"Melbourne - Queen City of the South"

Melbourne Gay & Lesbian History series



listen: Dr ROBERT STORER- 04:10 minutes




The name of Dr Robert Vivian Storer is all but forgotten today, but during the 1930s he was very much in the public eye. It could be said indeed that between 1931 and 1942, Storer was notorious, thanks to his advanced views on sexuality, his sexual adventures and the interest of the tabloid press.


Storer, as an early proponent of birth control and family planning, of sex education and a lone voice supporting the rights of homosexuals, is someone who should be remembered. However, his notoriety in the 1930s almost certainly guaranteed that he would be completely forgotten in the years since. Storer operated on the very edge of mainstream society, and often slipped over the edge. He certainly had a reputation throughout most of his working life as a dangerous influence, a crank and a man of shady dealings.


Robert Vivian Storer was born in Adelaide in 1900; attended Adelaide's Prince Alfred College and then the University of Adelaide, and St Bartholomew's Hospital in London, before undertaking postgraduate research in sexually transmitted infections in Vienna in the mid 1920's.


He returned to Adelaide and set up practice as a venerealogist, before moving to Sydney, back to London and eventually to Melbourne.


While in Sydney he published two of the first books on sex and sexual health for the general public in Australia. The first of these, published in 193 1, saw him in court, charged with publishing an obscene book. Storer, however, defended the case and it was found that his book was not obscene. This cleared the way for more open discussions of sex and sex education in Australia.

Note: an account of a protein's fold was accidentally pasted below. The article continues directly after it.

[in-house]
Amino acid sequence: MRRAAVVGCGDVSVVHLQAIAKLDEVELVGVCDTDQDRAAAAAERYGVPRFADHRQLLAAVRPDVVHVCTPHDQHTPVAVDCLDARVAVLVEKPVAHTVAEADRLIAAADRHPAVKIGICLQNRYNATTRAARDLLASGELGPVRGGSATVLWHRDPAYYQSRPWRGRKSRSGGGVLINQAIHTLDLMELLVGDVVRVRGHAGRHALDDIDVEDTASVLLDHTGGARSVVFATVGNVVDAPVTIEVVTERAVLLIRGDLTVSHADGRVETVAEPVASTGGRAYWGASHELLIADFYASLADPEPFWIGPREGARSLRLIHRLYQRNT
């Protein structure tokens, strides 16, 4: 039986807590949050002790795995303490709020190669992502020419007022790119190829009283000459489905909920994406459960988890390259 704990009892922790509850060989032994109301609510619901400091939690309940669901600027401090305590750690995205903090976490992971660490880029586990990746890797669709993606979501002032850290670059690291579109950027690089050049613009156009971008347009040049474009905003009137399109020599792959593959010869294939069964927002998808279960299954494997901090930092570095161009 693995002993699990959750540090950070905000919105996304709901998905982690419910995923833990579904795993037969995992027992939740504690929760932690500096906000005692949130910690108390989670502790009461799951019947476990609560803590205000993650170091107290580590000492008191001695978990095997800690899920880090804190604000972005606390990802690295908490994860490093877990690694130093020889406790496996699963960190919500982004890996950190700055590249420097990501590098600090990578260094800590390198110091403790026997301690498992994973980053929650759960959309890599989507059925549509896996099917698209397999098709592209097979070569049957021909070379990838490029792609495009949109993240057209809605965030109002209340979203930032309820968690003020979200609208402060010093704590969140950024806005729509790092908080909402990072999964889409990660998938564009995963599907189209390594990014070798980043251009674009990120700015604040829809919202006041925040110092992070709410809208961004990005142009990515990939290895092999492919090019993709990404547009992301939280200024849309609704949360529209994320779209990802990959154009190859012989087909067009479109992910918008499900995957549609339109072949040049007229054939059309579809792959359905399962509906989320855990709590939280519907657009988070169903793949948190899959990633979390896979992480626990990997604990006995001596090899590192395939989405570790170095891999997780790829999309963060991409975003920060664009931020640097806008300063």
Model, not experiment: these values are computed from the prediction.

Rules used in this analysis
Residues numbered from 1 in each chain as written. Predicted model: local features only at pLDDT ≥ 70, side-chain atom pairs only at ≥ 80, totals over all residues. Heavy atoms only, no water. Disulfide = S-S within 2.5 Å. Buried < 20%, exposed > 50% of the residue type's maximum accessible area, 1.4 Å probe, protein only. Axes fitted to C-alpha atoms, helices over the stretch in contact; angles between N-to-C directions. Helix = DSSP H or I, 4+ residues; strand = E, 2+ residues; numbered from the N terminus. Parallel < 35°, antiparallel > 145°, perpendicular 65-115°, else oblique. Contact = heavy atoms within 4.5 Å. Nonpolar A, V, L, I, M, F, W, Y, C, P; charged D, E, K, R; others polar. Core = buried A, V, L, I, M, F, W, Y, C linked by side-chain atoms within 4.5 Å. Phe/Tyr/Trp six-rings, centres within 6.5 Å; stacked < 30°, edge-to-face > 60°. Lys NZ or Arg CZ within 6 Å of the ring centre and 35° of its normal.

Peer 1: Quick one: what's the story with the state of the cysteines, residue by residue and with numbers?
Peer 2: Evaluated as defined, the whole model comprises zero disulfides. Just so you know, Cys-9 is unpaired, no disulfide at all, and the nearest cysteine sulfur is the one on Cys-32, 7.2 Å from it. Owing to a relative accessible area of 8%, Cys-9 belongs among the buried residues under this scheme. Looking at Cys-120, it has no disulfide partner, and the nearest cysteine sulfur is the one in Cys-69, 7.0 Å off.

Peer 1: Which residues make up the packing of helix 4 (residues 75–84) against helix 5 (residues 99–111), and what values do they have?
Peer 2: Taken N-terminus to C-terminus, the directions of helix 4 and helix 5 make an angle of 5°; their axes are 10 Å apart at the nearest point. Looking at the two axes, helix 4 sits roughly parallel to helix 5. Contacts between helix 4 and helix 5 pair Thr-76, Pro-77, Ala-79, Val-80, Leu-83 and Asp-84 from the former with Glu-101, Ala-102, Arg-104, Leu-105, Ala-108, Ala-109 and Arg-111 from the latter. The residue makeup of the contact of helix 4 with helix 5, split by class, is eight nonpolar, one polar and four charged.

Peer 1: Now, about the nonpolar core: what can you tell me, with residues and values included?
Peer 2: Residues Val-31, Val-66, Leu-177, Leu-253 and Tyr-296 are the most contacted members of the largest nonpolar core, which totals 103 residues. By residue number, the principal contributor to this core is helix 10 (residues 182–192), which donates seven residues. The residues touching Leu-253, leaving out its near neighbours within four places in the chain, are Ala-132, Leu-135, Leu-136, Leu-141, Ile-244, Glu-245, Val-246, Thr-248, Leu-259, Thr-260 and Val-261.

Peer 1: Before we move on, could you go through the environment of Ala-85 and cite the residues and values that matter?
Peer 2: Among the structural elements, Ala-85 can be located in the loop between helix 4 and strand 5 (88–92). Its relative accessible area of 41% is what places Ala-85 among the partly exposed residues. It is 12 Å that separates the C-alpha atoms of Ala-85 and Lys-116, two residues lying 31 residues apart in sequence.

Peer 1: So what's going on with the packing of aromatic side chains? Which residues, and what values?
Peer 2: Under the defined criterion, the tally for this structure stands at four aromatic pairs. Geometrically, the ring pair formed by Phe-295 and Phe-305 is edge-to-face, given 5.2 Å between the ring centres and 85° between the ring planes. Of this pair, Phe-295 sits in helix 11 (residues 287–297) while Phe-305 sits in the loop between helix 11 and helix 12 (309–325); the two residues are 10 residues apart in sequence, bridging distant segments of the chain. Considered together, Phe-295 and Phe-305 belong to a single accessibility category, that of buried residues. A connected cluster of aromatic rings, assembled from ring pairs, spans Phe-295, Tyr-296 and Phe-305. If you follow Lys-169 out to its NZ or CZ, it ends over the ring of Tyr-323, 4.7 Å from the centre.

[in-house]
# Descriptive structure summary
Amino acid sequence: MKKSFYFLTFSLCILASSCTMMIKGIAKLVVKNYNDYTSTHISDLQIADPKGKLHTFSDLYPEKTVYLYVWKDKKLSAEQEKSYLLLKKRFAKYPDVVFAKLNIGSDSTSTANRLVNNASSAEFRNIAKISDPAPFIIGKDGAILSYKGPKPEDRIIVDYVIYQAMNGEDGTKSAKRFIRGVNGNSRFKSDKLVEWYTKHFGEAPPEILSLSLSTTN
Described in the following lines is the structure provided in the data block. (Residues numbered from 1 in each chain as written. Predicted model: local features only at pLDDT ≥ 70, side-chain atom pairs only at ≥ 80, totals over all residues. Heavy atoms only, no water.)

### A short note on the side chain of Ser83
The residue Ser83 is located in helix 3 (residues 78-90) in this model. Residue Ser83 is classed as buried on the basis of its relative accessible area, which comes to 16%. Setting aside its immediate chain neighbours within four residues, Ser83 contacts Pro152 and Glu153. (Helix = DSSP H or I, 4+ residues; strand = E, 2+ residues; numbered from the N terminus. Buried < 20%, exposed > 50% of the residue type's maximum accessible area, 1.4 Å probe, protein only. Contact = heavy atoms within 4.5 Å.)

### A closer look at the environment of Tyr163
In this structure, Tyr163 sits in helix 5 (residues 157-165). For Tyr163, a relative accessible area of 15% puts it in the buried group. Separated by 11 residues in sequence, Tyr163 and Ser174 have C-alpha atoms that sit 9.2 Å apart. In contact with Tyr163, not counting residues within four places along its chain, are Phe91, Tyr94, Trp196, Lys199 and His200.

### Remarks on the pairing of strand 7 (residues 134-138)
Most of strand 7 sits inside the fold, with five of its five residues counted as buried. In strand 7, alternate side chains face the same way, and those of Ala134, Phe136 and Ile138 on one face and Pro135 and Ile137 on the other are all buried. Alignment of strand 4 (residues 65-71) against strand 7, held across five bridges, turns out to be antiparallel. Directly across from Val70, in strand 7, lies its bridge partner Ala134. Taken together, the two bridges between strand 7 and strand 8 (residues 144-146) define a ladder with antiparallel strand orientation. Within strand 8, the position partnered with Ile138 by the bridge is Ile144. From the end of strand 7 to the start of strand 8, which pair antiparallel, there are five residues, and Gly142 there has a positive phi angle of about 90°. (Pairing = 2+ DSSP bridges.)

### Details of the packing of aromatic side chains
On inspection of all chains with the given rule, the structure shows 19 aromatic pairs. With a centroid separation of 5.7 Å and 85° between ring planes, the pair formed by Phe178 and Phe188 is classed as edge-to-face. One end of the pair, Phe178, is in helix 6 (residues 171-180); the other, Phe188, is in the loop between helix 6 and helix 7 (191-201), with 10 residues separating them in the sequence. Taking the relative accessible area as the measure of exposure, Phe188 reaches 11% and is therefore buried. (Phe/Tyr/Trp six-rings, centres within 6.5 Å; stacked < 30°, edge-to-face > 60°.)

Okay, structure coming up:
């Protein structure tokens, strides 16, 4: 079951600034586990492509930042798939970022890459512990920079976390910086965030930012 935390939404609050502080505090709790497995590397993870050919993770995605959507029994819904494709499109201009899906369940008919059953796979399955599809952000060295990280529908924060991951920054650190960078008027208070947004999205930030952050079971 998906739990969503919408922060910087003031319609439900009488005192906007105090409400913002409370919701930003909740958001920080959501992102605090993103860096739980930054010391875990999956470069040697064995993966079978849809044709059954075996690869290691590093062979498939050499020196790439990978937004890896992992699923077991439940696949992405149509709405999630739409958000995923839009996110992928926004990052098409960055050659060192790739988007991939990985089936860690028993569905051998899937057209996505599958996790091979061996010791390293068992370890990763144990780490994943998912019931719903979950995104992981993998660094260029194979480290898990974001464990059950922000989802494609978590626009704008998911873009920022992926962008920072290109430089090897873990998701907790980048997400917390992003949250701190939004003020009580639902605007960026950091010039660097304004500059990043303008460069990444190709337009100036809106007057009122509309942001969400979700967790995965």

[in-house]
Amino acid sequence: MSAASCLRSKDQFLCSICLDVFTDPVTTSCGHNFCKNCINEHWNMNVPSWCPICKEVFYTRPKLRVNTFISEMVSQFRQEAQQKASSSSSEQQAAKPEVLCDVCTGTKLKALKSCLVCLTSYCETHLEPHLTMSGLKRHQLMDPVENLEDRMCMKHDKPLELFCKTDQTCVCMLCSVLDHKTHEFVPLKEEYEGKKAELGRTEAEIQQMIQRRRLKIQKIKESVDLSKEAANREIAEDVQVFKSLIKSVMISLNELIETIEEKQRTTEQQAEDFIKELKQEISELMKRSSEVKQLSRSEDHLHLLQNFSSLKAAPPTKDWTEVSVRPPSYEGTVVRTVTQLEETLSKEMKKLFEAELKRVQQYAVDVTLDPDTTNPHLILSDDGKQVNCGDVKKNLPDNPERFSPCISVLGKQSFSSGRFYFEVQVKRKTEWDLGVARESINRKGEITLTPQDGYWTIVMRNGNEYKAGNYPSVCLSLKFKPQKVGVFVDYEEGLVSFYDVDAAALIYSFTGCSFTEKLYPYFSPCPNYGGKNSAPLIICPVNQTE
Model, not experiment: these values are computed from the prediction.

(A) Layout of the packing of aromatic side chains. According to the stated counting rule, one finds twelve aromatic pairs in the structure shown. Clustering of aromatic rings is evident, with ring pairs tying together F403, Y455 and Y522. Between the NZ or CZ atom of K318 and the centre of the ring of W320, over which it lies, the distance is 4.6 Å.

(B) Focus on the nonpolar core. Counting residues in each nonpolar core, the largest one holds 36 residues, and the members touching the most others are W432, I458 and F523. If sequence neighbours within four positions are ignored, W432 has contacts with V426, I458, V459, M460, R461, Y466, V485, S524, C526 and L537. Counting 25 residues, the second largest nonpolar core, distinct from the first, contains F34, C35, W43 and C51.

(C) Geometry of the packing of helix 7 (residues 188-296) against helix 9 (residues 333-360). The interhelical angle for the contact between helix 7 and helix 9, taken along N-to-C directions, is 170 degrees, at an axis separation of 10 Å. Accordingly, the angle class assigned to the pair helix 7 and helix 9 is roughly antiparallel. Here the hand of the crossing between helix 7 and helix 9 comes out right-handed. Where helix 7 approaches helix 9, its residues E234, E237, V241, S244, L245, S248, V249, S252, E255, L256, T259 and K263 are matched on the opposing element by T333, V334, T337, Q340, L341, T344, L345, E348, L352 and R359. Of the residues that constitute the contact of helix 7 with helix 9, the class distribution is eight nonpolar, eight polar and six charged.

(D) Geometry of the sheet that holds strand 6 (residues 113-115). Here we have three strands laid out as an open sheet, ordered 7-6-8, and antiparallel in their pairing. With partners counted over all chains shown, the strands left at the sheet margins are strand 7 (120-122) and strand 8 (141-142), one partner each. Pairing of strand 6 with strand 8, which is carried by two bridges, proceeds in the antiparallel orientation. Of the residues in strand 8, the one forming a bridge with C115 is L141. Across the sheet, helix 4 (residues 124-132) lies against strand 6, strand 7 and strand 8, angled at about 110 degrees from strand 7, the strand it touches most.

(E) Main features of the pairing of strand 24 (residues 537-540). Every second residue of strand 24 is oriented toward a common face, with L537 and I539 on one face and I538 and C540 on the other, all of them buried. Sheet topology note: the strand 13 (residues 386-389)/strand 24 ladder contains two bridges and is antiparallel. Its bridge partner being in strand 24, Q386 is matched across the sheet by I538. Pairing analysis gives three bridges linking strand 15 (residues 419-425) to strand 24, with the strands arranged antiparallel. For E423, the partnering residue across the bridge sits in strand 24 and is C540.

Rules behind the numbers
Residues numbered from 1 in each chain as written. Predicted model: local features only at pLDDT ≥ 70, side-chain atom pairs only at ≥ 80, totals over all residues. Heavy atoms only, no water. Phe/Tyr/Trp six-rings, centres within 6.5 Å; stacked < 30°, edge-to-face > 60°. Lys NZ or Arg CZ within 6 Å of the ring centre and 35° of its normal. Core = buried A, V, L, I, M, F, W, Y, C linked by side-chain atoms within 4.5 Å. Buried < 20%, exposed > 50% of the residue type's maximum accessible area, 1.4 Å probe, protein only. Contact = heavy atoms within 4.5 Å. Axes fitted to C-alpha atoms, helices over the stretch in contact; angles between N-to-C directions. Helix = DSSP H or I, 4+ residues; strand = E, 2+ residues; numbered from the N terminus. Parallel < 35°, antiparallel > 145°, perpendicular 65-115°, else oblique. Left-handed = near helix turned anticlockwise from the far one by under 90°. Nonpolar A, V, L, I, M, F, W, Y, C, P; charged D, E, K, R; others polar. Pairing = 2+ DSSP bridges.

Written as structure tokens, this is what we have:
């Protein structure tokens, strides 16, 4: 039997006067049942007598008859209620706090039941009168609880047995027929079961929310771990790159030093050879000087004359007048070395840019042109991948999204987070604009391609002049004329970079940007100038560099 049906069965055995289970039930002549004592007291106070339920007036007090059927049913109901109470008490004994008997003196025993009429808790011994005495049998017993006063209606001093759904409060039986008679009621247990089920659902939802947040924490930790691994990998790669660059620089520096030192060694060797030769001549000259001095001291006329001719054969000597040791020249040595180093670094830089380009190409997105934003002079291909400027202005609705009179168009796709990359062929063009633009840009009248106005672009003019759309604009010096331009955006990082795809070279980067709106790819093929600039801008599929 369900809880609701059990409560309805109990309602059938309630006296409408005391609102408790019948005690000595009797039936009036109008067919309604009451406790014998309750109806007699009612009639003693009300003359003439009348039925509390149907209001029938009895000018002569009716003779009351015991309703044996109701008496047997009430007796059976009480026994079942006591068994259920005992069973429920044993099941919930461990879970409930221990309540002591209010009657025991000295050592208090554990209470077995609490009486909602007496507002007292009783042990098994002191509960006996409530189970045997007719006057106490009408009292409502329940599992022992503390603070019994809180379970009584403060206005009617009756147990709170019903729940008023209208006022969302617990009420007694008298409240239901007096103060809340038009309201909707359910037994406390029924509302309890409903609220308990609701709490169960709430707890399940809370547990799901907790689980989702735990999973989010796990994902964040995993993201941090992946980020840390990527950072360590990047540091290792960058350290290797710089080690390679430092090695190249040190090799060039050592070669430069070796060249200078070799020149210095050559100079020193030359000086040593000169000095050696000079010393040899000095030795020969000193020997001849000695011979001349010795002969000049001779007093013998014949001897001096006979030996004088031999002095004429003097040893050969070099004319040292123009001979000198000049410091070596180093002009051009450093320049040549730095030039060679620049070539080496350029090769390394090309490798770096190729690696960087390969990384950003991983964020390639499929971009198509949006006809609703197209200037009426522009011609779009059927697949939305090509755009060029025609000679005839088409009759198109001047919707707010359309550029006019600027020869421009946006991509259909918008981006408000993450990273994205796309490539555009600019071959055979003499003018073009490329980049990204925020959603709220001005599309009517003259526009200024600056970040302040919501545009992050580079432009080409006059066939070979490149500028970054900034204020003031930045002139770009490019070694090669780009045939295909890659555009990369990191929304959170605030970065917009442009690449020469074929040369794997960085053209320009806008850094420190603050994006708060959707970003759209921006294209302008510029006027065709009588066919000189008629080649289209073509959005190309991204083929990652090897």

What upset the authorities most was Storer's frank was of tackling the hither-to taboo topic of homosexuality and bisexuality. This was more than likely due to the fact that Storer, although married with a child, had numerous homosexual affairs and encounters throughout his life. He claimed that most people were essentially bisexual and that homosexuality was a normal part of the human experience. He was the first Australian writer/doctor/educator to reassure parents who suspected their child might be homosexual, that there was nothing wrong with the child and that they were not sick or evil. His basic credo was "What ever you do, as long as you hurt no-one else, is fme".


Storer's courageous stand on such issues eventually led to his being struck from the roll of the British Medical Association. His professional and social reputation was not improved by serving two gaol terms for homosexual offences, the first with an underage youth of 16.


Storer, persevered against such social approbation for a while and opened his own consulting clinic in Melbourne. But years of social censure and attacks in the tabloid press, most notably Melbourne's Truth newspaper, eventually left Storer a broken man. Australia's pioneering sex educator died in a Marysville boarding house of a heart attack at the age of 58, in 1958. He was buried in obscurity.

Alcaston building, Spring St., Storer's Melbourne residence

  © text copyright Wayne Murdoch, Australian Lesbian & Gay Archives 2002





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